American Masterpieces from Dryads Green Gallery
(Please Scroll Down and Page Ahead--Catalogue is Alphabetical by Artist Last Name)
Artist Name:         Birger Sandzen
Artist Dates:         1871 - 1954
Painting Title:      
Poplars
Painting Date:      Undated
Medium:             
Oil on Artist Board
Signature:            
Signed LowerRight
Provenance:         
Private Collection
Condition:           
Excellent
Size Unframed:     12 x 10
Frame Condition:  
Mint Reproduction
Artist Best Price:   $632,500
Offered At:           
SOLD
SANDZEN GEM SAYS COLLECTORS ARE GOING WEST!
Curator's Comments: Sandzen (pronounced Sand-zane) dominates from the Mississippi to the Rockies, typically painting in Kansas, Nebraska, Colorado, New Mexico and Utah. His focus may account for the fact that famed investor Warren Buffett once owned a Sandzen. More important, Sandzen's fauvist impressionism grows out of the heavy metallic soils of the foothills and the vibrant colors released by the spring rains that struggle hard to bring life in the form of the wind twisted poplars, aspens, cottonwoods, junipers and scrub pines that he loved to paint. His rich imposto shows nature redefining the beauty of his arid landscape and its fierce spring bursts of color seen nowhere else. "My gift to America," he wrote, "is to make one realize how beautiful the simplest landscape is and how alive, vigorous and changing our trees and rocks are." Only when he was able "to understand the country about me and about its formation," Sandzen emphasized, "could I paint an American landscape and show how beautiful it was to those who had not yet realized how lovely America is. The gift of understanding beauty is the greatest anyone can make to another human being."

Born in Blidsberg, Sweden, as a child Sandzen studied under Olof Erlandsson at the College and Academy of Skara, and went on to Lund University. He joined a group of young artists at Anders Zornís suggestion, and studied with both Zorn and portrait painter Richard Bergh, before leaving for Paris to study with Aman Jean, who shared a studio with Georges Seurat, and where he began to associate with American students. On returning home in 1894, he read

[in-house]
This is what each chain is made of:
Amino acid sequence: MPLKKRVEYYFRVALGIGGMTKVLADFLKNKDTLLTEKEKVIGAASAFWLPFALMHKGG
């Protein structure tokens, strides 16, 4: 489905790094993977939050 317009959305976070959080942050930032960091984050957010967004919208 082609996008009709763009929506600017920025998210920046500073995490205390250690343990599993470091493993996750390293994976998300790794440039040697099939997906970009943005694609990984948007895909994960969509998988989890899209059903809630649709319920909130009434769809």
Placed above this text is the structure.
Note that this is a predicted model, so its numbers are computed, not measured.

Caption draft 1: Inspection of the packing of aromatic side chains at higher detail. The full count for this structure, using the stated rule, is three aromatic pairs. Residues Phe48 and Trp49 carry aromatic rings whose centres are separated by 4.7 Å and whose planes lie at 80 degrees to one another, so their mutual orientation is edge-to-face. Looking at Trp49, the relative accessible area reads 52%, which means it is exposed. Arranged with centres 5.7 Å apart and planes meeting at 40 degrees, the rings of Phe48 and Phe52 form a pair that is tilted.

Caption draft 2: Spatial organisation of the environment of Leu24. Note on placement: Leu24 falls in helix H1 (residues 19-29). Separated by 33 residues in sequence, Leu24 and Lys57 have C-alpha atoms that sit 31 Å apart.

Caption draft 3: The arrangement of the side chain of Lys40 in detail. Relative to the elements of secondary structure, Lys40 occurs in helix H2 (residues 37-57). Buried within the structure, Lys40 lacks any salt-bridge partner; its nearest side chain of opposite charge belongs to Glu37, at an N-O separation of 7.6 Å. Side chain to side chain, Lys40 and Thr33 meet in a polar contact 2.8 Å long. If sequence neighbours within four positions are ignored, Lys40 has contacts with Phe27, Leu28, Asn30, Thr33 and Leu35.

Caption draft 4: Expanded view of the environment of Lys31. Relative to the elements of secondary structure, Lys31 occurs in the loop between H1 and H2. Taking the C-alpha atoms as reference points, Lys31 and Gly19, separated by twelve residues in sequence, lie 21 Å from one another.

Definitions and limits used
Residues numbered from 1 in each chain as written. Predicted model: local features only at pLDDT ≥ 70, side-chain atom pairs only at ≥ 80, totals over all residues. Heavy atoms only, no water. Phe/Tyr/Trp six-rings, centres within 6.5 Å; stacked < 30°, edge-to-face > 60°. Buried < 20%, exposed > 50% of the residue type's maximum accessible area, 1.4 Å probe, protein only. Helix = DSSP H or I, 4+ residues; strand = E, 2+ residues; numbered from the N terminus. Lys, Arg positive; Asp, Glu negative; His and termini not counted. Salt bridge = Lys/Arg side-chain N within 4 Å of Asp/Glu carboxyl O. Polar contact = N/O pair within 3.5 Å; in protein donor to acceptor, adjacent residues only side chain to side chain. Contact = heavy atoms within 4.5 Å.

I Sverige by the young Swedish-American educator, Dr. Carl A. Swensson, a college president who told of his struggles on the plains of Kansas and challenged other young Swedes to come help him. Sandzen was excited by the proposition and wrote Swensson a letter asking if he could use a young artist who could sing tenor and teach French. As soon as Sandzen received the cable offering him a job, he accepted. Birger soon realized Lindborg was where he wanted to make his home with the inspiring atmosphere of the new College and energy of the young teachers and president. He built a home, where he continued to live for fifty-four years. In 1900 he married Augusta Alfrida Leksell, a gifted pianist. He remained on the faculty until 1946. He first painted in the Colorado Springs area in 1916, and became a frequent visitor to Santa Fe and Taos, beginning in 1918. He spent the summers of 1923-24 teaching at the Broadmoor Academy in Colorado Springs. Sandzen also taught in Denver, at the Kansas City Art Institute, and Utah State, in Logan, the repeated setting for many of his Poplar pieces including our offering (see below for another version at moonrise). His early work was Tonalist in style in the manner of Scandinavian Romanticism, but after he began taking trips to Colorado, with the Rocky Mountains as subject, his work became much more Expressionist and Fauvist, as he evolved a very personal style of bold color and with masses of paint, akin to that of Vincent Van Gogh and Fauve painters Paul Cezanne and Henri Matisse. His work is in the collections of the Smithsonian, the Library of Congress, the Brooklyn Museum, the Art Institute of Chicago, Yale University, the Los Angeles Museum of Art, the Museum of New Mexico, the Wichita Art Museum, the Museum of Nebraska Art, and many others.
Sandzen at Work, ca. 1920
Autumn Symphony recently sold for $495,000 More Poplars--Moonrise in Logan, Utah brought $150,00
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